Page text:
The benefits of teaching maths with art and design
Derek Johnson, Director of the School of Art and Design at West Suffolk College, on how embedding maths into art and design teaching opens wonderful creative doorways:
“Anybody who works in further education (FE) in 2016 will be only too aware of the focus on English and maths. As the Director of a school of art and design with over 400 FE students, I often feel that a huge part of my and my team’s working life is taken over by chasing attendance and achievement in Functional Skills and GCSE. Our funding depends on it, the shadow of Ofsted looms over it, and our overall quality seems to be determined by it. In short, it’s a big deal…a really big deal!
I hear a lot of negativity from parts of the sector, some students and even parents. Let us take a step back though…before this drive we had students leaving education without a chance to improve their English and maths skills or grades. In fact, there was a culture where English and maths were even seen as something totally unconnected to art and design. However, I believe that if approached with an open mind and positive ambitions, the change can improve the quality of education and, in turn, the futures for our students.
The changes over the past few years have made us think, pushed us to revaluate how we deliver our programmes and construct our timetable. It has been a challenge to say the least. In our Art School at West Suffolk College, we have embraced the change and raised standards of technical and creative skills as a result.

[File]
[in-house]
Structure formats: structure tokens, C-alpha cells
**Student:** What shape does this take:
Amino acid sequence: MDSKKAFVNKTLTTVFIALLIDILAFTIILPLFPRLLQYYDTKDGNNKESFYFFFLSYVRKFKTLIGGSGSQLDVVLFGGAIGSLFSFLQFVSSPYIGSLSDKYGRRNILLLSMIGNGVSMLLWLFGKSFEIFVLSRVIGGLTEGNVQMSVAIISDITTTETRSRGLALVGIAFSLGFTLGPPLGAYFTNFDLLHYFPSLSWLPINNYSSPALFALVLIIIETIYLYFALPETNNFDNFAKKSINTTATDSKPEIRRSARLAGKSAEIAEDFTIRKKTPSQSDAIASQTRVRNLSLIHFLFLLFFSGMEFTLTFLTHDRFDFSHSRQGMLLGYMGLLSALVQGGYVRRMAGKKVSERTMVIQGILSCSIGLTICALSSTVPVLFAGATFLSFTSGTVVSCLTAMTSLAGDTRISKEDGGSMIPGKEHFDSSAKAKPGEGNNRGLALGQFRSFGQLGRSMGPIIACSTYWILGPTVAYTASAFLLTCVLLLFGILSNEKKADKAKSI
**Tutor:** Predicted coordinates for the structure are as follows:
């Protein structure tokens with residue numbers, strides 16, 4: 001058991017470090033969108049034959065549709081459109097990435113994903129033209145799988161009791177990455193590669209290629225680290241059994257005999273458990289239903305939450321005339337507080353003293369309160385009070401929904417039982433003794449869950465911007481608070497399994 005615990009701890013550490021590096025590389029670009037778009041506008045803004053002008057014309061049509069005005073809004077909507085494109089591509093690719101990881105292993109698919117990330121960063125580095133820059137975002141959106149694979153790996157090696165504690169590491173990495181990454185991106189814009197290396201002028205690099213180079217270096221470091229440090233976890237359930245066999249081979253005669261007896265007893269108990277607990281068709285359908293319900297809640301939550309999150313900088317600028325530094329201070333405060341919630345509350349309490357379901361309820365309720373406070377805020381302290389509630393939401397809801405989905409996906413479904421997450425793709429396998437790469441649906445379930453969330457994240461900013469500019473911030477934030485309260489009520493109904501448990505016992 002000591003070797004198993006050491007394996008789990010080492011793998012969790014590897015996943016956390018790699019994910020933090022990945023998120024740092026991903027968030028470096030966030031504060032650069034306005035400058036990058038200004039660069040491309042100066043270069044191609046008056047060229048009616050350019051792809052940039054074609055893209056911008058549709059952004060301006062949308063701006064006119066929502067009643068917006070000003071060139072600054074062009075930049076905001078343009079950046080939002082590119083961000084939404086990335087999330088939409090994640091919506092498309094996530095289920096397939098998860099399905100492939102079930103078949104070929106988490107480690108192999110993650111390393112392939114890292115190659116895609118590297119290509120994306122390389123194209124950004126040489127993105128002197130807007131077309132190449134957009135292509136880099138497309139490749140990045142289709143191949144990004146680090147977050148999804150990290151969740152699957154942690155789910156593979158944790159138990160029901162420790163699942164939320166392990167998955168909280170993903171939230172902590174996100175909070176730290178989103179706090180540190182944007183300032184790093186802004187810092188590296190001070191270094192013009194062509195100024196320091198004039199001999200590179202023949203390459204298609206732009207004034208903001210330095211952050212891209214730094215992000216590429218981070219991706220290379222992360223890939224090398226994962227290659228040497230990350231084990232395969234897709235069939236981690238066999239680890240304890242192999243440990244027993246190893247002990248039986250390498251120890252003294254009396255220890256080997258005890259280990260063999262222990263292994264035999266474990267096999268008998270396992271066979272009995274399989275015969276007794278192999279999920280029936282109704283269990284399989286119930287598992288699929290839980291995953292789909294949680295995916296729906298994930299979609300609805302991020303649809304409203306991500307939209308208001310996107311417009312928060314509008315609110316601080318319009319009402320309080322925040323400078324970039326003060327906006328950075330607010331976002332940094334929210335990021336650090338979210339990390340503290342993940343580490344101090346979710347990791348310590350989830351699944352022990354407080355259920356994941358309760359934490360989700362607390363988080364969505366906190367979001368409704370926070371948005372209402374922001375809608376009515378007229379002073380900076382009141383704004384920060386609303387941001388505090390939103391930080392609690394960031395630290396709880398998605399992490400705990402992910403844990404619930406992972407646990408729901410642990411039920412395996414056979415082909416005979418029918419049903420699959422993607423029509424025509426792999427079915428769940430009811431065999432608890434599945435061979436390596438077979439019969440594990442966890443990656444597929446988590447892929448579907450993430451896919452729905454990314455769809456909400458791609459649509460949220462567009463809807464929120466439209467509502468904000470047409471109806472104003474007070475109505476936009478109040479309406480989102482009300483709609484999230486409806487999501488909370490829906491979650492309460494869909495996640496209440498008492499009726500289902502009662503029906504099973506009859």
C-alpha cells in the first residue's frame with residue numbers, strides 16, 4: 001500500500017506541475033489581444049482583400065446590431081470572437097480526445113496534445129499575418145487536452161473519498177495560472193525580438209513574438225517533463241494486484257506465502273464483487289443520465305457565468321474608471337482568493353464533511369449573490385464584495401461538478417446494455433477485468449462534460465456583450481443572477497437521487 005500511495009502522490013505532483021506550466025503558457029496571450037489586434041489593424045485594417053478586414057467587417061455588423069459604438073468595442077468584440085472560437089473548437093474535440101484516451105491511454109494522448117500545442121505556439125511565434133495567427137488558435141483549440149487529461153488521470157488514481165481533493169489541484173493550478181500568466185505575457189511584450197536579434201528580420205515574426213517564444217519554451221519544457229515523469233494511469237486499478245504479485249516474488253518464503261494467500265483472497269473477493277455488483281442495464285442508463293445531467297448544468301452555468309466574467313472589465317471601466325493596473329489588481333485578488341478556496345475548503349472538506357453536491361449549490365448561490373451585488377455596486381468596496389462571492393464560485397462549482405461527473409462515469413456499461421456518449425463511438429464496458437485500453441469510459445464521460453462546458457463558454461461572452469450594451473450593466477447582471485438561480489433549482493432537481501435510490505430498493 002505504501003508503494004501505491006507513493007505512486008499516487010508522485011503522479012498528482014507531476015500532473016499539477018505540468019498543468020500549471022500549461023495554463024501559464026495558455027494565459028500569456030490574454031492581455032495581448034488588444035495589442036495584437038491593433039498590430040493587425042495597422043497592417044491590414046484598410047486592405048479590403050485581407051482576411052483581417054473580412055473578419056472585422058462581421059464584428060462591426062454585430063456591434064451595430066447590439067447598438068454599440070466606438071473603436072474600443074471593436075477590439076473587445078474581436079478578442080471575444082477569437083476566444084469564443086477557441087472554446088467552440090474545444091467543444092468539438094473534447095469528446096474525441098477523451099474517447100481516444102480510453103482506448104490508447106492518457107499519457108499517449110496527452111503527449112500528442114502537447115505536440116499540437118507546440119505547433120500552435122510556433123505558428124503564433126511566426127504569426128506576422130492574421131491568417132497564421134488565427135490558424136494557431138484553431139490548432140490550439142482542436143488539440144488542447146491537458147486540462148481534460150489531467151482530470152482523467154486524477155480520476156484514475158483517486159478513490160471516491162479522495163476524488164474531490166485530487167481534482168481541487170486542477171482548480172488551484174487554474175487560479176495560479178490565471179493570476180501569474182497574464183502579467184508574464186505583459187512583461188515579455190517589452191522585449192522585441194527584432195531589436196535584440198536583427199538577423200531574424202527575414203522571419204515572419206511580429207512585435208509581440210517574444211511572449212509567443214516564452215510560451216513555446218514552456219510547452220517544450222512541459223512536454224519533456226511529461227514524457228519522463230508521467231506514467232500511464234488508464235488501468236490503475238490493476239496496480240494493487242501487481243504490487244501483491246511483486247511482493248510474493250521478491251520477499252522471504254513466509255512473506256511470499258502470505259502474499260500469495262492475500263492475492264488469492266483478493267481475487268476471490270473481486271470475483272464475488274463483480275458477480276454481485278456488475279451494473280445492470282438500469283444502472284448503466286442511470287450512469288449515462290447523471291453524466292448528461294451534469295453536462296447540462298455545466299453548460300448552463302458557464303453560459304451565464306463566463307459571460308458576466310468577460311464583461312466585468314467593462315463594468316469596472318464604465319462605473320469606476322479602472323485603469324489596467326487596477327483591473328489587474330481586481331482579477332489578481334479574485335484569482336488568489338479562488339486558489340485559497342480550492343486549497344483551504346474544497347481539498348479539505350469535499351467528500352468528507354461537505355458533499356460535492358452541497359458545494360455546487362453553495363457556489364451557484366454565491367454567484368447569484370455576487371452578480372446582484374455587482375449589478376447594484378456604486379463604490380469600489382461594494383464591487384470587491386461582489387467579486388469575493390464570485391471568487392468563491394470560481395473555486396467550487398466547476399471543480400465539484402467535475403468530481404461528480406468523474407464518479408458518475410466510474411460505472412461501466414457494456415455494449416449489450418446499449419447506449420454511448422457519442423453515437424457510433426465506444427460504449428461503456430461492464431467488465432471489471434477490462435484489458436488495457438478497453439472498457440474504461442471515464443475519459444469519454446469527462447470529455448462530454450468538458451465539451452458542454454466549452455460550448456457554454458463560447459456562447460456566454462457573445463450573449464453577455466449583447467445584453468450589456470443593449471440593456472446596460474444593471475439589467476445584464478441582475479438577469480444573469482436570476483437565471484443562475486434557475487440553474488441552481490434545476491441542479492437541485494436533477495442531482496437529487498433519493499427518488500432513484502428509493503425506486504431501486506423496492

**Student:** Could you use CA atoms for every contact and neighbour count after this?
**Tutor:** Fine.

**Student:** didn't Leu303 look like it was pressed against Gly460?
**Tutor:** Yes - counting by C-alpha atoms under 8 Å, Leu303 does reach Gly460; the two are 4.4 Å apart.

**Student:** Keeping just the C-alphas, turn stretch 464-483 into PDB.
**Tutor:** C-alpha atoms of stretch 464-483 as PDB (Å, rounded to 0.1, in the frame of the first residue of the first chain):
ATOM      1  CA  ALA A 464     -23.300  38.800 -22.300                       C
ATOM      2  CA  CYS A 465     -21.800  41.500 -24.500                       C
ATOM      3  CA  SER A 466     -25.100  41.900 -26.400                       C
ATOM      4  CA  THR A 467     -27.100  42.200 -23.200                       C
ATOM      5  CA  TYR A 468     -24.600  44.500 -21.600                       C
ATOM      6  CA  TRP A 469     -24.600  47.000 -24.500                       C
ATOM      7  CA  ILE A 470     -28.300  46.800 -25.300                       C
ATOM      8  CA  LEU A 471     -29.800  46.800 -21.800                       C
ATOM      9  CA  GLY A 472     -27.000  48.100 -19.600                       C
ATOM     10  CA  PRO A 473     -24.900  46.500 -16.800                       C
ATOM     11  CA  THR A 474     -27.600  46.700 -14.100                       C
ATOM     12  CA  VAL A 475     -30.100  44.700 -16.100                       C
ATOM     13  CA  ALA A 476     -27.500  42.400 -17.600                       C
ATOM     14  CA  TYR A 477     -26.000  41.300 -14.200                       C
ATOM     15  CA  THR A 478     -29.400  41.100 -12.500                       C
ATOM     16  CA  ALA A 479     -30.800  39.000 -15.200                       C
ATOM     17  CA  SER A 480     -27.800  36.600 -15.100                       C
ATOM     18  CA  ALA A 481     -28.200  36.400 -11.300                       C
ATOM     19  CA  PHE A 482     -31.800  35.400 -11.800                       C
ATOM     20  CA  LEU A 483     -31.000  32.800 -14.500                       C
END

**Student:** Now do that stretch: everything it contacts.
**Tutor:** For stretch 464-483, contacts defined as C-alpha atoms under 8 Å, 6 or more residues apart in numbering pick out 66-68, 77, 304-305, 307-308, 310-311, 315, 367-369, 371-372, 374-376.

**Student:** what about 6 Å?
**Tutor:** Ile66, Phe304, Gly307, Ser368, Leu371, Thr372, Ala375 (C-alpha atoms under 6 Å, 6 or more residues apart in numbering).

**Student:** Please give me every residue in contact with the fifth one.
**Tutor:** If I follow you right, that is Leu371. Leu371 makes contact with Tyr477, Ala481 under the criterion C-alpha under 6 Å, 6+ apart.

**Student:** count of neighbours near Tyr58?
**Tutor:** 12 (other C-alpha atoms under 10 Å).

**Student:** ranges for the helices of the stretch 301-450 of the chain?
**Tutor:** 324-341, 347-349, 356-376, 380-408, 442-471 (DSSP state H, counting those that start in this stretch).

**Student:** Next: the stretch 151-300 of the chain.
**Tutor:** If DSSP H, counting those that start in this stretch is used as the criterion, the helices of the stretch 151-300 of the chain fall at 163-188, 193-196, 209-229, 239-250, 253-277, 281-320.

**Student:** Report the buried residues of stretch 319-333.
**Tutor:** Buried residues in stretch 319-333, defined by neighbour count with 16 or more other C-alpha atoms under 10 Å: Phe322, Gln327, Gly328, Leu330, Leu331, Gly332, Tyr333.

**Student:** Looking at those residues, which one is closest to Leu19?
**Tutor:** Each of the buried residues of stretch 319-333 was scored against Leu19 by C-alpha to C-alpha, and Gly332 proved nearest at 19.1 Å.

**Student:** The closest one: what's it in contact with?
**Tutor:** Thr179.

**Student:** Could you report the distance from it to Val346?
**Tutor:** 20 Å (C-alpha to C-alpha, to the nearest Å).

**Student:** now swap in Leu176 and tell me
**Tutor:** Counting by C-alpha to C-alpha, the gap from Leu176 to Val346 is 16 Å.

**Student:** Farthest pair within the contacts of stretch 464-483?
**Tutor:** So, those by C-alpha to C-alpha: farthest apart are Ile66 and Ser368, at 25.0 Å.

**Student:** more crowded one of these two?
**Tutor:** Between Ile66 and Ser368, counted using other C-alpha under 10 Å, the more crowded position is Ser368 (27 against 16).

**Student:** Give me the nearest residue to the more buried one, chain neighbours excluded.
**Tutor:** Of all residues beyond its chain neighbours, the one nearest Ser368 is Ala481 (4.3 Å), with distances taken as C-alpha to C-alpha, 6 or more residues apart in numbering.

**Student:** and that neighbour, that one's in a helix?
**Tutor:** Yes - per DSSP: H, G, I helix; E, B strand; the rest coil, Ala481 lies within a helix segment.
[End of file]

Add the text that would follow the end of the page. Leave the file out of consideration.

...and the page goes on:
Mathematical drawings are influencing and informing our students’ 3D assignments. One exercise involves mapping fir cones according to the Fibonacci sequence, then measuring the geography of the subsequent drawing through a study of coastline fractals using dividers made with cocktail sticks and liquorish strips. The work of mathematician Benoît Mandelbrot (1967) is a wonderful contextual reference for this and the resulting designs become powerful building block for architectural concepts. The process involves demanding mathematical systems – but it is genuinely loved by our students.
Mapping fir cones according to the Fibonacci sequence
At our school we have gone one step further by developing an in-house award called the ‘MARS Award’ (Maths, Art, Religion, Science). This grew from a project we did in 2013 when a Level 3 assignment based on the Hindu god of Shiva and the CERN Large Hadron Collider went internationally viral – it was really crazy! Since then all our FE students in term 2 undertake the MARS project, which embraces all the wonders of the wider world into a rich and powerful set of assignments. We work collaboratively with our science school and there are winners on each course and then an overall winner – judged by an invited panel. The award was won in 2016 by Lauren Jones, a second year Level 3 Graphic Design student who explored the periodic table through religion, mathematics and reinventing the symbols as a result. Incredibly sophisticated work – all a result of enjoying the opportunity of DfE changes.”
This post was originally written to promote our CPD event on Teaching Maths and Art continuing professional development. You can find out about our current program of CPD events by visiting www.arts.ac.uk/cpd